Molecular Genetics and Development of Melanocytes, Genetic Models for Human Disease
We study mice with genetic mutations in order to understand how genes control normal human development and disease. Mice have almost the same set of genes as humans, and malfunction or mutation of these genes usually has very similar consequences.
We study how genetic mutations lead to eye disease, in a number of ways. Firstly we examine mice in which random mutations have been created, in order to identify mutation that result in eye disease, particularly diseases that progress with ageing. Secondly, we look at mice in which particular genes have been knocked out as part of a project that is systematically mutating every gene one by one, with especial interest in novel genes. Finally in collaboration with human geneticists we make mouse models of eye diseases whose causative gene has been discovered.
We also study how genes control melanocytes, which are the cells in the body producing pigment in skin and hair. These cells have a very interesting embryonic history, and genes affect how these cells develop, proliferate and become located at the correct places in the skin and hair follicle. Normal hair colour variation in humans presents a particularly interesting genetic system which we are studying using a combination of genetic, genomic and functional analyses.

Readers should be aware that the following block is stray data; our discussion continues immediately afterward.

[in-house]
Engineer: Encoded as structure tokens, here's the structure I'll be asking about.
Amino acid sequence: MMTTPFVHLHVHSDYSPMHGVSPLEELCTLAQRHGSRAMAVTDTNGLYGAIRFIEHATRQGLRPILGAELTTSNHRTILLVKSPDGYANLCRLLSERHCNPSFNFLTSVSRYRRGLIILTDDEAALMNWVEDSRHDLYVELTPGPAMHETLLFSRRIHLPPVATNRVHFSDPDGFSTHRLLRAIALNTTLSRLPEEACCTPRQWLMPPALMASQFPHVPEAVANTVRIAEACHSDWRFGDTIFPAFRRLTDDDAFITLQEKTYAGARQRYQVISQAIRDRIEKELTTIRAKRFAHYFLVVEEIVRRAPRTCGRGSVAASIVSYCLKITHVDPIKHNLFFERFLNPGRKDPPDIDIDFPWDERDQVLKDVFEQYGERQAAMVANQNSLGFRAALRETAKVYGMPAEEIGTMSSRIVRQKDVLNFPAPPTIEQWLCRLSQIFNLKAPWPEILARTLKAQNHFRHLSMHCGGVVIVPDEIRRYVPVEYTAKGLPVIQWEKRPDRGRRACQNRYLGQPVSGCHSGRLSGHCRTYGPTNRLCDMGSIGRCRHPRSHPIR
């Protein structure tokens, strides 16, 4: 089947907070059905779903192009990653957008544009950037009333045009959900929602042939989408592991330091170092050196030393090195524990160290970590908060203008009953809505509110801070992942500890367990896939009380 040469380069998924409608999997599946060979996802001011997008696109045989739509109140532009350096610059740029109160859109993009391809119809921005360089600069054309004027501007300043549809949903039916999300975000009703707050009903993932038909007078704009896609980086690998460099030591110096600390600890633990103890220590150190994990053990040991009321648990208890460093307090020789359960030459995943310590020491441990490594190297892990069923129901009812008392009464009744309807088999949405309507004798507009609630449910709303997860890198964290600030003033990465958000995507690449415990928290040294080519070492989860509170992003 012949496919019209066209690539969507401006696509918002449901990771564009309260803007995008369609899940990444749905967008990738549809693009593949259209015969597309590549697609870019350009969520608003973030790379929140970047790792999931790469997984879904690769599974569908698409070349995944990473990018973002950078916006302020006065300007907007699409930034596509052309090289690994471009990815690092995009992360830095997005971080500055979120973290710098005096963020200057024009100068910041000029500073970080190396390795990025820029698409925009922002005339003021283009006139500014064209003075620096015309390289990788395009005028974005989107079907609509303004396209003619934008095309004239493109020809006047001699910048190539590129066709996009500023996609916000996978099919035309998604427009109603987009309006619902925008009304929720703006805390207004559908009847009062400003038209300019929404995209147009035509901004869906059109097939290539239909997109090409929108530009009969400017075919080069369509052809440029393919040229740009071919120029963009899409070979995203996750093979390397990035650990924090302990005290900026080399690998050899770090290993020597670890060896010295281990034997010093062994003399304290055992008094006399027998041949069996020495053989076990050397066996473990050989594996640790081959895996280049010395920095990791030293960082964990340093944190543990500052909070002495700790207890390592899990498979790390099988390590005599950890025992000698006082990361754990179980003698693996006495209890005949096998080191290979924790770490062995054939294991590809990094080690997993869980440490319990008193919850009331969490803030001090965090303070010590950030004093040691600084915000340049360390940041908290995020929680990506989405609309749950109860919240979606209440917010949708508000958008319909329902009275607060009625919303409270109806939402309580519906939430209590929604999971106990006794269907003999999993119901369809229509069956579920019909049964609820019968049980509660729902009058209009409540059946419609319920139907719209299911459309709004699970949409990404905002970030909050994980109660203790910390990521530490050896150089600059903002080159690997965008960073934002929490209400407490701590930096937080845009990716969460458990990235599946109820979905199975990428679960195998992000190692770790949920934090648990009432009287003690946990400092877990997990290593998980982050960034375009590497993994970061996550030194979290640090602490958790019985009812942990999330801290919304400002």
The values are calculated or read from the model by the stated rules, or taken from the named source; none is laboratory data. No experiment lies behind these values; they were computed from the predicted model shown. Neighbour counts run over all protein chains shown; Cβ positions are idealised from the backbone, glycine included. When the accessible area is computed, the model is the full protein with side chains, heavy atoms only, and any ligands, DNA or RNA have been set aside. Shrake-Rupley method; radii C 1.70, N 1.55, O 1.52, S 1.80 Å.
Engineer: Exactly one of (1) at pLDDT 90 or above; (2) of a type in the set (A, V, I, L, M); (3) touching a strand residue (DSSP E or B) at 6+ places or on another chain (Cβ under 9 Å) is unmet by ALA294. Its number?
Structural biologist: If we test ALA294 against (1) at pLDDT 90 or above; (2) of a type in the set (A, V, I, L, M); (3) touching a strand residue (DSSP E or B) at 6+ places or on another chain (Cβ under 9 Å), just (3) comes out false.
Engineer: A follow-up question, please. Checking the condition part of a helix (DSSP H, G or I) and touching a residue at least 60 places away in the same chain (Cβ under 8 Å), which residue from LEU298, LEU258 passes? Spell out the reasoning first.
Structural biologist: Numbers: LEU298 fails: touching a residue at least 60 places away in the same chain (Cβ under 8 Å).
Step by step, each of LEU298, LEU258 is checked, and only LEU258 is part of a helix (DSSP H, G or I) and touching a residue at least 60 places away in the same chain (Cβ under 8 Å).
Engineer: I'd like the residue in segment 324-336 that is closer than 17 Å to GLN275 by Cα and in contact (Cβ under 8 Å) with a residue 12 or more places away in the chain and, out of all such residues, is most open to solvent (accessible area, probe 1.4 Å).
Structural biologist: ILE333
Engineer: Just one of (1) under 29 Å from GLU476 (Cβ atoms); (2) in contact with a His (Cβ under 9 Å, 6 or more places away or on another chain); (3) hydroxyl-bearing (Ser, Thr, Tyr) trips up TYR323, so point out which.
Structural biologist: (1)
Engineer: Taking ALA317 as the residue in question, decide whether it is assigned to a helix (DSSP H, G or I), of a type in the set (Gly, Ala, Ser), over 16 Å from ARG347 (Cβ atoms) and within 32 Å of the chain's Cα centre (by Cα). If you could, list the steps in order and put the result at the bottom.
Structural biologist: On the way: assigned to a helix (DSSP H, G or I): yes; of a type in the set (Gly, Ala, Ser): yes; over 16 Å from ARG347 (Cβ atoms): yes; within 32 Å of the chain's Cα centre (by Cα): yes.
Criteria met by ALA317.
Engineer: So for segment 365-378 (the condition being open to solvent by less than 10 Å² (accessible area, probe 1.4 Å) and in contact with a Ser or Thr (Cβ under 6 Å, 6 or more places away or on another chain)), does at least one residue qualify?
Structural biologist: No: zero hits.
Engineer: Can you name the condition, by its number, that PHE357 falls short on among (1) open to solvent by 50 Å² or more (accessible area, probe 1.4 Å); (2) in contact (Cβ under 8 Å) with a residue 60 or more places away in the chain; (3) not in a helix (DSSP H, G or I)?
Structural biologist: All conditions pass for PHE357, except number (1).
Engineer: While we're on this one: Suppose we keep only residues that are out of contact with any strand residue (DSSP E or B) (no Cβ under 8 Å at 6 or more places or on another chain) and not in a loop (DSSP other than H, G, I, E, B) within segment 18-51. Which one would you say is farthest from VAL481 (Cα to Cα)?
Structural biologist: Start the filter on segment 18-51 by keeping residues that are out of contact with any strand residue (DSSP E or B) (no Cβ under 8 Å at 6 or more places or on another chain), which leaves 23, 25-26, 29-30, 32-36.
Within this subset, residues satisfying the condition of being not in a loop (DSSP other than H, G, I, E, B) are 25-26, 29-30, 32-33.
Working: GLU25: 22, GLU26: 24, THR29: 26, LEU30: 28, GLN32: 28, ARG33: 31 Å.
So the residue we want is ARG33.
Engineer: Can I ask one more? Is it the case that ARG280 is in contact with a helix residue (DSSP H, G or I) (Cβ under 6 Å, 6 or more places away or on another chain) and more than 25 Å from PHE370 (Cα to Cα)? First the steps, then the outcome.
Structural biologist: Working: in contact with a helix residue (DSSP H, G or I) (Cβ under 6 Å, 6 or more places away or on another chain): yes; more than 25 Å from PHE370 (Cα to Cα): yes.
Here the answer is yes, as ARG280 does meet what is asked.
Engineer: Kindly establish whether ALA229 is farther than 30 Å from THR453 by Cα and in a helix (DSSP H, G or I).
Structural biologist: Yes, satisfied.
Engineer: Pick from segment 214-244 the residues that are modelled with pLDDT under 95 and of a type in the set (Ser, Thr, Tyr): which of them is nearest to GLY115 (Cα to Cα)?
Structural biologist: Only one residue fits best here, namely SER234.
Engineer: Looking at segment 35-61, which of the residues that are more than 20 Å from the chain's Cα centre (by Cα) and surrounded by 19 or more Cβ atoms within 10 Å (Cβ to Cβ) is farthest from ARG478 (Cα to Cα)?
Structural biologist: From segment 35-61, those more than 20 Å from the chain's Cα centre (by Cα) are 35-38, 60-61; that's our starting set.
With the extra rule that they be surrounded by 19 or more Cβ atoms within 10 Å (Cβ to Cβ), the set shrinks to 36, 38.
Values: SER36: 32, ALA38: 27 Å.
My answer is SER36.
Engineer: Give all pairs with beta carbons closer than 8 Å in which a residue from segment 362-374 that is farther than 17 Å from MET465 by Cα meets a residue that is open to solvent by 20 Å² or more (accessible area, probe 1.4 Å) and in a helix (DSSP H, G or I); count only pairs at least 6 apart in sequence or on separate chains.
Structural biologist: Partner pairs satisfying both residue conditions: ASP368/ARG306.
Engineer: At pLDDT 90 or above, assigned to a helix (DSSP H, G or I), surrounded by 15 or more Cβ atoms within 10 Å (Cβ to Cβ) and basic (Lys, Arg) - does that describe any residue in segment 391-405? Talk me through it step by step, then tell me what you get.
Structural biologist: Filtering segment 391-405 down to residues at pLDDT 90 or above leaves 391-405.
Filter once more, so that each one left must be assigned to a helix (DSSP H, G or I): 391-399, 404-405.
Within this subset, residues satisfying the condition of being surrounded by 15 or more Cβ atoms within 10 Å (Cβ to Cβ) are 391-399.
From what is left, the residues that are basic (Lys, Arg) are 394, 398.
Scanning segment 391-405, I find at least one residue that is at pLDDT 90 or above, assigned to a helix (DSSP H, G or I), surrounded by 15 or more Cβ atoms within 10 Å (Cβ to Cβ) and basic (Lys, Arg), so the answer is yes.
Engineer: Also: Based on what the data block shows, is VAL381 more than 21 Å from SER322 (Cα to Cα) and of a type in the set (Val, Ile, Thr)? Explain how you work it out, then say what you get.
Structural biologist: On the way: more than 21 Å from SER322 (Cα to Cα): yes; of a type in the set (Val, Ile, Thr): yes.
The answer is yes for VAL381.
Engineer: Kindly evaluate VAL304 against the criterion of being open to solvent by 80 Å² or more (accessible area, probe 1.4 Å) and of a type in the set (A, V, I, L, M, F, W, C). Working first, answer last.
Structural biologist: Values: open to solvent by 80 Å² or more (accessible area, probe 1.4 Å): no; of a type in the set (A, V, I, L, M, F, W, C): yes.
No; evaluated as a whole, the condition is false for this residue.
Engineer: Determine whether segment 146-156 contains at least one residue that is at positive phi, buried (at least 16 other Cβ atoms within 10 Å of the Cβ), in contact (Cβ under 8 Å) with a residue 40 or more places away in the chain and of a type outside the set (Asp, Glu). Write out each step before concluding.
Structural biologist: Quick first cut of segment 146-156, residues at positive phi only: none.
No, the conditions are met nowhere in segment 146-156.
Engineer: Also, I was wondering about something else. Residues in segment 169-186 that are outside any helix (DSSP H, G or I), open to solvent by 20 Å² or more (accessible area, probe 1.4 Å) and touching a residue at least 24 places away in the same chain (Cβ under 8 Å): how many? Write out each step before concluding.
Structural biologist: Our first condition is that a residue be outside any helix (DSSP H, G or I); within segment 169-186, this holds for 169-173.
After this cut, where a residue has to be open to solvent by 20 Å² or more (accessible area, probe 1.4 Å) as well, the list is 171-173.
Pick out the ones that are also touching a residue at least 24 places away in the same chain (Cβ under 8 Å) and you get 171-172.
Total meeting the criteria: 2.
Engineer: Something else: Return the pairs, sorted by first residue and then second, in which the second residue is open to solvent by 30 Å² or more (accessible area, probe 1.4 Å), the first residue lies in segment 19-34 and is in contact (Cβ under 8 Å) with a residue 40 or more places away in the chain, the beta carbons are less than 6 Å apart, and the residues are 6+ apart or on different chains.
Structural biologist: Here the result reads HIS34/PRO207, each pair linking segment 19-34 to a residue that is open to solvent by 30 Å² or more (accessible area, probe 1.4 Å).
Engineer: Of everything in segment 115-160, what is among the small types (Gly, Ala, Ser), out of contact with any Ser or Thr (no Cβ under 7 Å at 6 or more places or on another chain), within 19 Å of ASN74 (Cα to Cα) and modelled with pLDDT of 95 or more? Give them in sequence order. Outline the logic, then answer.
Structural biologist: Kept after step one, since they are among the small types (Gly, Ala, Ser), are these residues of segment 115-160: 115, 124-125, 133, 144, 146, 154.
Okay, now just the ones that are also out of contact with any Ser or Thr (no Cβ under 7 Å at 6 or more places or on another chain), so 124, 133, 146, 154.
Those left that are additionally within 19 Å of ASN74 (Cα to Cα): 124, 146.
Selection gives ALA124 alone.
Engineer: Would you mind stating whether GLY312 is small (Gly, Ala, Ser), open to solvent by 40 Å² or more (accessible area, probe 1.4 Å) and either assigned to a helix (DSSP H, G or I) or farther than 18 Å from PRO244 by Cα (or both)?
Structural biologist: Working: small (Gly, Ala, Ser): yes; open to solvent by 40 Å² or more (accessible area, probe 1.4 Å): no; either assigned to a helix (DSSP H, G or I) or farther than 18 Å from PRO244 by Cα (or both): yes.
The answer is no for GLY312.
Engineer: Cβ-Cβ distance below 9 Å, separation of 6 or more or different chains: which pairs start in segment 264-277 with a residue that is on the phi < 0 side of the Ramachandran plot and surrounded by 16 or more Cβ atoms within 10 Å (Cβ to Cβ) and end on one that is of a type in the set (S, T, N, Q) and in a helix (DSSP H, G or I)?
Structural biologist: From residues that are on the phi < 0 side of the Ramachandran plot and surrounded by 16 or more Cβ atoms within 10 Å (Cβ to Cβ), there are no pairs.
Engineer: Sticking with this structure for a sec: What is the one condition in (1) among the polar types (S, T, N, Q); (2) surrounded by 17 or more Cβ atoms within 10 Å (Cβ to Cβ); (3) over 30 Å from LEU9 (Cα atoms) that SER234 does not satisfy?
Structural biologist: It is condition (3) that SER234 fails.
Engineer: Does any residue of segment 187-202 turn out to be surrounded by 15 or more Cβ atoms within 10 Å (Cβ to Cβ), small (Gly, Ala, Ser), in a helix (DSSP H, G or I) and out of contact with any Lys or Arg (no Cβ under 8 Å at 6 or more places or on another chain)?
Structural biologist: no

|Professor Ian Jackson||Group Leader|
|Sally Cross||Senior Investigator Scientist|
|Amy Findlay||Postdoctoral Scientist|
|Margaret Keighren||Research Technician|
|Olivia Harrison||PhD Student|
|Lisa McKie||Research Technician|
mouse models, mouse genetics, melanocyte biology, eye diseases
transgenic mice, CRISPR editing